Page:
HOME CHAT NAB PRAYERS FORUMS COMMUNITY RCIA MAGAZINE CATECHISM LINKS CONTACT
 CATHOLIC ENCYCLOPEDIA  A B C D E F G H I J K L M N O P Q R S T U V W X Y Z
 CATHOLIC SAINTS INDEX  A B C D E F G H I J K L M N O P Q R S T U V W X Y Z
 CATHOLIC DICTIONARY  A B C D E F G H I J K L M N O P Q R S T U V W X Y Z


Home
 
Bible
 
Catechism
 
Chat
 
Catholic Encyclopedia
 
Church Fathers
 
Classics Library
 
Church Documents
 
Discussion
 
Mysticism
 
Prayer
 
Prayer Requests
 
RCIA
 
Vocations
 
Ray of Hope
 
Saints
 
Social Doctrine
 
Links
 
Contact
 







Cruet




A small vessel used for containing the wine and water required for the Holy Sacrifice of the Mass. Two are always employed. The Roman Missal (Rubricæ Gen., XX) directs that they should be made of glass. This is the most suitable material because easily cleaned, and its transparency obviates danger of confounding the water and wine. Other materials, however, are used, such as gold, silver, and other precious metals. In this case it is advisable to have a V (Vinum) on the wine and an A (aqua) on the water cruet, so that one may be easily distinguished from the other. In shape nothing is prescribed, but the vessels should have a good firm base on which to stand securely and a fairly wide neck so as to admit of being easily cleansed. They should have a cover to keep away flies and insects. Formerly the wine for the Holy Sacrifice was brought by the faithful in a jar-shaped vessel. It was then received by the deacon and poured into the chalice, a vestige of which custom is still observable at the consecration of a bishop.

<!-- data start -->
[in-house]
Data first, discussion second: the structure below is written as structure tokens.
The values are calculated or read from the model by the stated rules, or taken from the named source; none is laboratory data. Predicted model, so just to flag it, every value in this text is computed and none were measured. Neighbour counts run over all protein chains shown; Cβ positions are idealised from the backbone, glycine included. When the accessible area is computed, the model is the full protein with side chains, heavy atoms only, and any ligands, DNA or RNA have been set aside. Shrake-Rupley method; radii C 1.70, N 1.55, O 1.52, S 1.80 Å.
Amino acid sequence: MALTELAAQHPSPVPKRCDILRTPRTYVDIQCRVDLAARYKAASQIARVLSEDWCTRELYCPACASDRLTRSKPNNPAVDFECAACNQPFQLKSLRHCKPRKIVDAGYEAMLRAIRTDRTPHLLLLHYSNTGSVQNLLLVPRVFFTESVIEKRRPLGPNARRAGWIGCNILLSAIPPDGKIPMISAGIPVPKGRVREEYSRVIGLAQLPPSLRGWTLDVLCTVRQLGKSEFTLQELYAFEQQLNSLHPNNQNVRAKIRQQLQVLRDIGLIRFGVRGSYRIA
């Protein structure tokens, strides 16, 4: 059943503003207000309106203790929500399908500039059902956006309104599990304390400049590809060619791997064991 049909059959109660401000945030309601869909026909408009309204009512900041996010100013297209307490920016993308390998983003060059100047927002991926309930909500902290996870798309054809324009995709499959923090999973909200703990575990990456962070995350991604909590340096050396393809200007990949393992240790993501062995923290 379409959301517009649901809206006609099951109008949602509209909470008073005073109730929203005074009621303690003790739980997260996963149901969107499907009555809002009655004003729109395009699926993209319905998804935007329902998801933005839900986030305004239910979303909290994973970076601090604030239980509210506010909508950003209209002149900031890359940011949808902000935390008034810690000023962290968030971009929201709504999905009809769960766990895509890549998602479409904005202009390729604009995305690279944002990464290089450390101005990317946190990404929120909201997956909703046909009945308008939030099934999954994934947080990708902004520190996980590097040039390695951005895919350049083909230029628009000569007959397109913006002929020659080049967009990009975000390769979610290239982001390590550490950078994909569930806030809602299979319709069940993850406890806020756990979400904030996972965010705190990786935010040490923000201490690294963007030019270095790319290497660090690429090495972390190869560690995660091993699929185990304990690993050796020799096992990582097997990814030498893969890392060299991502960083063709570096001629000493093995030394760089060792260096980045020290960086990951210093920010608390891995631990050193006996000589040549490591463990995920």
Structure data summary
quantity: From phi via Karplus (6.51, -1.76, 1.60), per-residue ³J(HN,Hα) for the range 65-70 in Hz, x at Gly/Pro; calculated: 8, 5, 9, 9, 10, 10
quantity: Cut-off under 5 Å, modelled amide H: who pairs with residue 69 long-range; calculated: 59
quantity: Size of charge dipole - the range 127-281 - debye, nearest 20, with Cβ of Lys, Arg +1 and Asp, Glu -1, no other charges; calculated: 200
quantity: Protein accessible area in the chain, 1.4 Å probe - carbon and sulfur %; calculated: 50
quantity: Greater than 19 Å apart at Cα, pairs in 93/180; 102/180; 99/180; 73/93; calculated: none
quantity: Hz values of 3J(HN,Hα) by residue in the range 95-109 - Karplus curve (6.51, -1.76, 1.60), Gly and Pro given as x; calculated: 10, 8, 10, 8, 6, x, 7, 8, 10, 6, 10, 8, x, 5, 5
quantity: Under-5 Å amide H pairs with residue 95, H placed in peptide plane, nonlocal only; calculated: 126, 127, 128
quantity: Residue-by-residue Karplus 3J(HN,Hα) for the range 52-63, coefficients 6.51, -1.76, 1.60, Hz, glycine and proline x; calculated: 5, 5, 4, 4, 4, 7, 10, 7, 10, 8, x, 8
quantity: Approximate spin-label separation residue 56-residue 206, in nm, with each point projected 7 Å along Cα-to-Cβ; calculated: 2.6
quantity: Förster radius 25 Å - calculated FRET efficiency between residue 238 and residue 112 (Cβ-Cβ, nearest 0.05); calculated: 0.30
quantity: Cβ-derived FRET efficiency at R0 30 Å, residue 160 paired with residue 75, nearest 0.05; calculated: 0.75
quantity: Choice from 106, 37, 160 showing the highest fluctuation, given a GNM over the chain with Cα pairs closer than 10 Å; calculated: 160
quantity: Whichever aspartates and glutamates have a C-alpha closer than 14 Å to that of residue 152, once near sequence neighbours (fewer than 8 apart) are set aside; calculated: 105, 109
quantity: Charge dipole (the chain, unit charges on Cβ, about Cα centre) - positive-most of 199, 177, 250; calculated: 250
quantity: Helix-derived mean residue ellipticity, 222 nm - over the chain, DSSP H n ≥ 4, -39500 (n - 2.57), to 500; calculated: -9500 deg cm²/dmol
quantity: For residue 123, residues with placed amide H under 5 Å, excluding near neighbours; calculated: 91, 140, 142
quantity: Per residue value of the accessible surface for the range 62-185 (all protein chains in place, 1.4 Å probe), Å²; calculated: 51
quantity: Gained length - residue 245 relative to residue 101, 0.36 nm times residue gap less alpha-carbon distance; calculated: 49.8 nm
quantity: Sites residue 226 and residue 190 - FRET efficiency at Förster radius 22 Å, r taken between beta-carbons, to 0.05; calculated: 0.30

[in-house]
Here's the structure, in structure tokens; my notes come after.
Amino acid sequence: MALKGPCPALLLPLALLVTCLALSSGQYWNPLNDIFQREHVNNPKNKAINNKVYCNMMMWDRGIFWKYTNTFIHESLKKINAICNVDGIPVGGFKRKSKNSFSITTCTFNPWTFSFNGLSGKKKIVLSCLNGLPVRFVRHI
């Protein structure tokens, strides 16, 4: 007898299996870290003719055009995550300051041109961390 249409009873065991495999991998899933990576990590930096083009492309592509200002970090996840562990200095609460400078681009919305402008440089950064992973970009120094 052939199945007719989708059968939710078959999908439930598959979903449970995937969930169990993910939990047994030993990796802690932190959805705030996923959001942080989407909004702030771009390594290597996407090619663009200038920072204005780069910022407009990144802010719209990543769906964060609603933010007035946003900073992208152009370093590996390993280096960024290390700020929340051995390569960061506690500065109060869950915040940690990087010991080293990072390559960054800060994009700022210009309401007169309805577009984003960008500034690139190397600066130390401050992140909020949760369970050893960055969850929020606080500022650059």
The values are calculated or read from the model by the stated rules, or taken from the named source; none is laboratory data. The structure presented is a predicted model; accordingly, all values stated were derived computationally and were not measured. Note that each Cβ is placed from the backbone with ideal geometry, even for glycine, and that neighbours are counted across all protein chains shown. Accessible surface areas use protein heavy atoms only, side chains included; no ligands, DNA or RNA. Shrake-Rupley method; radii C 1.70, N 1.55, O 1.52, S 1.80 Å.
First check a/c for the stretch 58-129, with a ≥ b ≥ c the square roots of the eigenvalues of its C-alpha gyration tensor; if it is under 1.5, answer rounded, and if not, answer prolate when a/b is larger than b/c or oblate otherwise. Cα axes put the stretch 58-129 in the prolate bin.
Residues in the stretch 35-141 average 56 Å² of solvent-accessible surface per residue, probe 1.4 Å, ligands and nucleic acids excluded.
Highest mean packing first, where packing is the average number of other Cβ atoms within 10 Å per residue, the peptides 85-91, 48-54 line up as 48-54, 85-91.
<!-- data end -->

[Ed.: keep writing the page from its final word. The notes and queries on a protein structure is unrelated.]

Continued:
Patrick Morrisroe








Copyright ©1999-2016 e-Catholic2000.com